makes inhaling harder and breathing shallower.
But I simply need two breaths per stroke cycle.

I have no experience with the one breath per stroke cycle pattern.
Today I"ll experiment and will report back what feels more natural ---
inhaling on the drive or inhaling on the recovery.
H2O
1k Poster
 
Posts: 105
Joined: March 18th, 2006, 9:51 am
Location: Frankfurt, GER

Postby H2O » June 23rd, 2006, 7:20 am

The breathing experiment yielded the following result:

I absolutely have to exhale into the catch.
Therefore in a one breath per stroke pattern it will be very hard to inhale on the recovery.
Exhaling into the catch practically forces inhaling on the drive.

It seems to have to do with compression at the catch: you can't be maximally inflated
and compressed at the same time.

I agree that the strain on the drive makes for shallower breathing.
So it seems that the particulars of rowing suggest a pattern of two shallower breaths per stroke cylce raher than one deep breath.
H2O
1k Poster
 
Posts: 105
Joined: March 18th, 2006, 9:51 am
Location: Frankfurt, GER

Postby Sean Seamus » June 23rd, 2006, 1:29 pm

there are better writers on this than I, but here is my offering

there are several options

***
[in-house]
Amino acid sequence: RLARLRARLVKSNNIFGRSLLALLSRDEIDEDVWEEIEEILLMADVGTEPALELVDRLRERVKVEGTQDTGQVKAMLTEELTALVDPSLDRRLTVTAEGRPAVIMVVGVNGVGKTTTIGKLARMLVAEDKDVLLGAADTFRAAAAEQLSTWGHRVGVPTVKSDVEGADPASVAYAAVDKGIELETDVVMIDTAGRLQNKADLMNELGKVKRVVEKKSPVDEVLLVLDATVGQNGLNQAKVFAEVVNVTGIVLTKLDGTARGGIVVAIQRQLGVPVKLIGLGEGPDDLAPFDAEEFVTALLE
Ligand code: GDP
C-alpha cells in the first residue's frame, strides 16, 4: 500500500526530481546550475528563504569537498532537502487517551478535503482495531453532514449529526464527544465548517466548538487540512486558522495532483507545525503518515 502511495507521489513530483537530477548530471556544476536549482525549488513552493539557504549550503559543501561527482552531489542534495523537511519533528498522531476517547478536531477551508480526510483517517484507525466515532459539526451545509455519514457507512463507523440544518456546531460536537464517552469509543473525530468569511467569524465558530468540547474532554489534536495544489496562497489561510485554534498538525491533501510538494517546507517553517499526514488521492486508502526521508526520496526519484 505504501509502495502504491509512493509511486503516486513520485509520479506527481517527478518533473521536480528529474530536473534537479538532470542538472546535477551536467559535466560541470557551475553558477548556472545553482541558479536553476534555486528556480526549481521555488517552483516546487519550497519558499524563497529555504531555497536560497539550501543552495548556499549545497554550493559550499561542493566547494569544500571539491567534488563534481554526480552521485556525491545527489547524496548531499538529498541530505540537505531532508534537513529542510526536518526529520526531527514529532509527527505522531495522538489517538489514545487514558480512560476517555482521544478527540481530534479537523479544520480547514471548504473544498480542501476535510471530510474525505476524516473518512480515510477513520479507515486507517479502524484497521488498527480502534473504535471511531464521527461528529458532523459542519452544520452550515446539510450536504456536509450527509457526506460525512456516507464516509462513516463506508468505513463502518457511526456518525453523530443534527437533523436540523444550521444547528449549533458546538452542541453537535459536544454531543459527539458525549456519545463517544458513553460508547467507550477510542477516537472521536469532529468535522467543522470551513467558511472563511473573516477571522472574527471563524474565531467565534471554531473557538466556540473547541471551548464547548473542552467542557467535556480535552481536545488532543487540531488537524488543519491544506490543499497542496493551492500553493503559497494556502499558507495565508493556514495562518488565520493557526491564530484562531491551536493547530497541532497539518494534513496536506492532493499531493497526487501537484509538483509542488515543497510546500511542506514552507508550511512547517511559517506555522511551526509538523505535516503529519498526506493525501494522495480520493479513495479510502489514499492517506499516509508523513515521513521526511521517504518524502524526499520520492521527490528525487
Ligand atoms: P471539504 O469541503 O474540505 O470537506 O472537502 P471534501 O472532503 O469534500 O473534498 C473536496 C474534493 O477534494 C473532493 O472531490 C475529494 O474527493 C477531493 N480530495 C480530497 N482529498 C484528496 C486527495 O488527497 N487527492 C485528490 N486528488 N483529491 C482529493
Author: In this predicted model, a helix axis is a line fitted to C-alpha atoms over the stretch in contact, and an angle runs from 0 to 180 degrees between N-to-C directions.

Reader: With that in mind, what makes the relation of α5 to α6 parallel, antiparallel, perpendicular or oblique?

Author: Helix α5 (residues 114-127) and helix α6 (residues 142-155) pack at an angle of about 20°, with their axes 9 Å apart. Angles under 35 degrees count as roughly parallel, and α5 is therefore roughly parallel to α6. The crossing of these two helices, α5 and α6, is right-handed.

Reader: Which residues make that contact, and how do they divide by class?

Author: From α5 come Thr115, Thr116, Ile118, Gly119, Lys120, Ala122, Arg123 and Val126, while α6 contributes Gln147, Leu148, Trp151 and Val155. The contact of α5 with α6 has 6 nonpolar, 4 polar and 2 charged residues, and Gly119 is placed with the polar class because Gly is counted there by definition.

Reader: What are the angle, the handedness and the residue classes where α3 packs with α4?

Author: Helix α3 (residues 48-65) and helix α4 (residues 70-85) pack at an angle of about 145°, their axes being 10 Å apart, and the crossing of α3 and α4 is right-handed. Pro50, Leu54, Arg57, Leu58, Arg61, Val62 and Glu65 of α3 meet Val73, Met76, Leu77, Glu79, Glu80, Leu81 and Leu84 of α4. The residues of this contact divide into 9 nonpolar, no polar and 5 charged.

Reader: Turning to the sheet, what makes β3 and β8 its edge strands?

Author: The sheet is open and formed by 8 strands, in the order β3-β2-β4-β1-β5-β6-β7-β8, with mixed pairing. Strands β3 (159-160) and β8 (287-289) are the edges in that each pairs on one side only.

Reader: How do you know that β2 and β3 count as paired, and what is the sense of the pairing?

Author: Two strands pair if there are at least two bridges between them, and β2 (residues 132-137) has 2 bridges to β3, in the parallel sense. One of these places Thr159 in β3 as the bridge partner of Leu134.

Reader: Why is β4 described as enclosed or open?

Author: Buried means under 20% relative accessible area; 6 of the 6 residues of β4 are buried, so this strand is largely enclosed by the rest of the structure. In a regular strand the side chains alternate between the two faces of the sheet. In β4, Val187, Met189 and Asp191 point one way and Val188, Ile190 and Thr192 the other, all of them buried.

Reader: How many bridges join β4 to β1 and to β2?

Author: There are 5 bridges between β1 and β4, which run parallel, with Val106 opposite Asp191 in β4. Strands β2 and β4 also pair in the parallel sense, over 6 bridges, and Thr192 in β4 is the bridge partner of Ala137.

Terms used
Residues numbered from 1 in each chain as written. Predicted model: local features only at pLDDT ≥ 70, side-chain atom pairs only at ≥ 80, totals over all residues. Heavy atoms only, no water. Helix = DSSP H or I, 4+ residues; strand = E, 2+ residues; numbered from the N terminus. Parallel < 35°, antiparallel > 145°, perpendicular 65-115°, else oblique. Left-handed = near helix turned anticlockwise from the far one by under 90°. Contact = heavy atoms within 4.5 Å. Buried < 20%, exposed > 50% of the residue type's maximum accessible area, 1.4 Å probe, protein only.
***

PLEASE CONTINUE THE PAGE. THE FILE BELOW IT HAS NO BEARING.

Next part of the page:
1 - breathe any old way you happen to, and for non-competition general fitness this will suffice for many

2 - 1 breath per stroke, which leads to 2 possibilities

a - exhale on recovery, inhale on drive
b - inhale on recovery, exhale on drive

3 - 2 breaths per stroke
-----
Now, when I began erging, being a systematic "how does it work" kinda guy, I read an essay on the UK site, that advances the position that <2b> is The Right Way. So, I did that. For about a year.

Then I read some of Xeno's ideas, and tried <2a>. I am sticking with this - at least for now. I adopted the practice after my annual 2k race last February, 2006, and it took several weeks to regroove.

The UK site's essay presentation is - to me - good as far as the 1-breath-per-stroke part of the equation goes. However I am unable to find in the essay, or in my own experience, any reason to support the inhalation-on-recovery - especially given the inherent compression of the abdomen at the Catch.

As for the Weight-Lifting maxim of "Releasing the breath on the effort", I don't think it is applicable, as the effort in the rowing stroke is not so close to maximal, and if it were close to maximal could not be done 20 or 30 times per minute for an hour or more. Even a world class 2k effort has to involve about 200 strokes - try squatting or benching 200 times in 6 minutes ! Yikes !

Xeno is also very emphatic on the desirability of sitting tall, and breathing into the chest. I have considerable experience with breathing from my yoga practise, and find it very "right" to sit tall and forcibly exhale using the abdominal muscles while gliding slowly forward in the recovery. I don't think much about the inhalation, although I do lift my chest a touch to keep my sense of height and upper body leverage top-of-mind - being quite short I strive for every millimeter available ! - confident that as long as I am exhaling a whack of air every stroke, it must be getting into me on the inhalation.